The Legal Aspects of Electronic Government in Pacific Island Countries: A Reflection - Emalus Campus

The Legal Aspects of Electronic Government in Pacific Island Countries: A Reflection



The main aim of the article is to examine the legal aspects of the structures which support the operations of e-governments and the extent of their adaptability to the circumstances of Pacific island countries. The article does not therefore intend to discuss the theories of governance or the ongoing debates on the pros and cons of good or effective governance in the region because they are outside the scope of this article.

The initiatives for regional cooperation and integration as envisaged in the Pacific Plan, particularly on the implementation of a regional digital strategy for enhancing information and communication technology will have direct bearing on the future development of e-government structures in the region. Furthermore, the wider strategic objective within the Plan of improving transparency in the governance, management and use of national and regional resources resonates with the idea of e-government acting as a facilitative tool to achieving that objective.

It is against this general setting that Part II discusses the general features of the legal regime supporting information and communication technology in some selected countries in the South Pacific. Part III examines the legal mechanics of Internet technology and how the architecture of the Internet may impact on electronic government structures. Part IV looks at the definition of e-government in relation to the some underlying theoretical issues. Part V examines the types of e-government structures. Part VI discusses the cost and benefit of e-government and Part VII concludes the article.


The state of laws governing ICT in the region is as varied as the countries themselves. It is therefore impossible to provide one standard framework which appropriately reflects the circumstances of all island countries. However, a selection of the countries will give an indication of the current state of affairs and what may be needed in the future, especially in relation to the development and operation of e-government structures.To begin with and by way of example, in all countries of the region, public procurement (which an important government activity) is still carried out through conventional contractual arrangements. At the moment no electronic version is contemplated except possibly in Vanuatu. To provide a fairly representative regional view of the prevailing situation, this segment will focus on Kiribati, Vanuatu, Tonga, Samoa and Fiji.[2]

A. Kiribati

There is at present no national ICT policy in operation. In the area of intellectual property there is the Copyright Ordinance[3] but this offers no recognisable protection for computer software or programs. The situation in Kiribati manifests an extreme case scenario in the South Pacific, possibly drawing countries like Tuvalu and Palau into its fold.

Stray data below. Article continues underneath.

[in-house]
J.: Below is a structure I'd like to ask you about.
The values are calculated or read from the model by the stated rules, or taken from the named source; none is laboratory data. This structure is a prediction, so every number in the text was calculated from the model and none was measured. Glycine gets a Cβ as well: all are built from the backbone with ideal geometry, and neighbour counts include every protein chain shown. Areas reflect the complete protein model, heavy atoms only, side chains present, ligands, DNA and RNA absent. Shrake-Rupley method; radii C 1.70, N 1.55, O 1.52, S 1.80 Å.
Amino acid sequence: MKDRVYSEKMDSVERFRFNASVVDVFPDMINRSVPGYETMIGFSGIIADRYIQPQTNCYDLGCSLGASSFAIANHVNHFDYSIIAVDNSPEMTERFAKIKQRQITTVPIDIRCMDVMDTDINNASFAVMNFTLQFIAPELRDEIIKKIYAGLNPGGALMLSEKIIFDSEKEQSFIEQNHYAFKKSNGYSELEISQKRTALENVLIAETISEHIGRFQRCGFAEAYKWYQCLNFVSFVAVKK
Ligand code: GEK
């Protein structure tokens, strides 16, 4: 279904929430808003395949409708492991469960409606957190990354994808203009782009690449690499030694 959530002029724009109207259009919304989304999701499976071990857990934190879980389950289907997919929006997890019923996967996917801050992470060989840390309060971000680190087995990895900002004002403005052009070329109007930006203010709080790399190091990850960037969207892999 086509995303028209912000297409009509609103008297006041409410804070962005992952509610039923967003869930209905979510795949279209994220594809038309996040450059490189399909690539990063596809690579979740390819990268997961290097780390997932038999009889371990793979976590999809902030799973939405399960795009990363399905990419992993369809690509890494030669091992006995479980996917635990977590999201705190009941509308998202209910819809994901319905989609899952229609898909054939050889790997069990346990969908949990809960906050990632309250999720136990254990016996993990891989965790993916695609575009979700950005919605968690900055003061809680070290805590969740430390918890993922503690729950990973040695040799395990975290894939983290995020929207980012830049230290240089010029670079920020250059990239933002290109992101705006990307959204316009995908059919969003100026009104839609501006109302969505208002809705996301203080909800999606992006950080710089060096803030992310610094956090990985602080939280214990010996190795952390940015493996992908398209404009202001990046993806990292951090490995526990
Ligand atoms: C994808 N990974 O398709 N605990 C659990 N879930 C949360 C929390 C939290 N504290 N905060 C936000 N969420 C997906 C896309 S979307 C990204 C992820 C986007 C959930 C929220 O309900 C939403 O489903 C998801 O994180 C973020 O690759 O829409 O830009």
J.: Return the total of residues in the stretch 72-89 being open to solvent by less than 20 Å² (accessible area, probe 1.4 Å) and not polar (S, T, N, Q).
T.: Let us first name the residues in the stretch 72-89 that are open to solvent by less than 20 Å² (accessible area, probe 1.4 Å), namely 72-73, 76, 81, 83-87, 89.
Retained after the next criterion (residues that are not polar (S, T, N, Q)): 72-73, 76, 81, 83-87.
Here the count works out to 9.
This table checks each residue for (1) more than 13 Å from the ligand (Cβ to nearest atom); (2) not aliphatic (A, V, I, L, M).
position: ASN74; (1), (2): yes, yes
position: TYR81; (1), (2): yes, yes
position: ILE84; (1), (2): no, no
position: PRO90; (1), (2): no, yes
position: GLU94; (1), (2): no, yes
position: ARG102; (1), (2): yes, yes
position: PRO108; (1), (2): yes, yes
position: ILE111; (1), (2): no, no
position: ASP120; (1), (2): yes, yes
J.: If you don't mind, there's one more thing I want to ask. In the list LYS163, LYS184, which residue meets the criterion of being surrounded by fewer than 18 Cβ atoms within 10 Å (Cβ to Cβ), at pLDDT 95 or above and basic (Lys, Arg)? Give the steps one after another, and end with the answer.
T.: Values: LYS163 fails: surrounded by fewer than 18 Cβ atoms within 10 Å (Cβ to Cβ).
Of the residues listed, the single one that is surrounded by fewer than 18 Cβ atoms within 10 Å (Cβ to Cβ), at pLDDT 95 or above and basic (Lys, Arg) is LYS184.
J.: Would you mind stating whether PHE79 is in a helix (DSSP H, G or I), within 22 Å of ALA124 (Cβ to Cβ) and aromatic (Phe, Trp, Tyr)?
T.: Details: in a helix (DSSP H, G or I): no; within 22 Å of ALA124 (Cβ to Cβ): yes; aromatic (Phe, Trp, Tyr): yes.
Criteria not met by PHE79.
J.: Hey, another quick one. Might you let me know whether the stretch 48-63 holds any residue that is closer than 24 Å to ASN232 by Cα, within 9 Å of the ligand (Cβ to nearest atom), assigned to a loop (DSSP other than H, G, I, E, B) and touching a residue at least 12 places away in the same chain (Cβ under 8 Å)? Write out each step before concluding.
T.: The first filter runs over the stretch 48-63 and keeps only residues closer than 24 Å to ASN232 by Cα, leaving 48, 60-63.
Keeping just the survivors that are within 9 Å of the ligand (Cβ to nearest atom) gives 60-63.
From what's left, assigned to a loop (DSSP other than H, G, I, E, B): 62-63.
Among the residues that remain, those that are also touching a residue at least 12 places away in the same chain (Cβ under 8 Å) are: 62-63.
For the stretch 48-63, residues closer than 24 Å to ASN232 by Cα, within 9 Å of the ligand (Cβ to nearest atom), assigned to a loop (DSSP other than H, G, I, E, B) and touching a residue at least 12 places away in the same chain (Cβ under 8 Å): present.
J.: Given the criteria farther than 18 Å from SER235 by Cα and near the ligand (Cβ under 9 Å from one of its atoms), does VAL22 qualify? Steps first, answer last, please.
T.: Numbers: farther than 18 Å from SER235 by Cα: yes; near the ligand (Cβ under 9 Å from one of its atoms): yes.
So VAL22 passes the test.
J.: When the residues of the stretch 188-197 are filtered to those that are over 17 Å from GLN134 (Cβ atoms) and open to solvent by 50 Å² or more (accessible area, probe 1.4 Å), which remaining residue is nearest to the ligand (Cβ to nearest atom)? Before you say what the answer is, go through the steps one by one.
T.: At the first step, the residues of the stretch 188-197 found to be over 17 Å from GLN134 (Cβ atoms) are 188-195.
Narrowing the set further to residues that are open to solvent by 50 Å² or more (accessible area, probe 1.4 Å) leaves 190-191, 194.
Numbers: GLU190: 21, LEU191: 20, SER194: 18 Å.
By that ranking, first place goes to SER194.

B. Tonga

The Kingdom has published a Communications Policy Statement in 2000. It has also embarked on policy revisions in the area of ICT with a view to possibly including online economic activities. Other matters still under consideration include the civil service IT strategic plan, legislation on electronic signatures and authentication of network users' identities and international cooperation on security on cyberspace issues. It is also worthy of note that a new Communications Act was passed in 2000 and substantial amendments were made to the previous legislation covering radio, telegraph and broadcasting to take into account the use of digital broadcasting technology. Tonga has a national ICT consultative committee and the Tongan Telecommunications Corporation oversees the management of the country's DOMSAT.

C. Fiji

There is at present no comprehensive national ICT Policy. However, departmental level initiatives support a number of government information portals. There is a properly equipped and functional government ICT centre that services the IT needs of the government. The Southern Cross fibre-optics communications cable linking Fiji with the United States of America, Australia and New Zealand has been completed, allowing for high-speed data exchange and digital communications between these countries. The cabinet had in 2001 also discussed a paper on e-governance. There is a copyright law[4] in existence and e-commerce and ICT-related laws are to be passed in the not distant future.

D. Samoa

There is no specific national ICT policy at present. However, through a number of initiatives, the government is able to support limited government information portals. An ICT steering committee was formed in 2002. A number of associated laws have been amended.[5] It is worth mentioning that Samoa in 1997 amended its Communications Act to encourage the operation and development of Internet services in the country by transferring to the Post Office, the property held by the defunct Pacific Internet Services Limited.[6] Aside from this, there is nothing at present even in policy formulations to indicate a move in the direction of evolving a coherent national ICT policy.

E. Vanuatu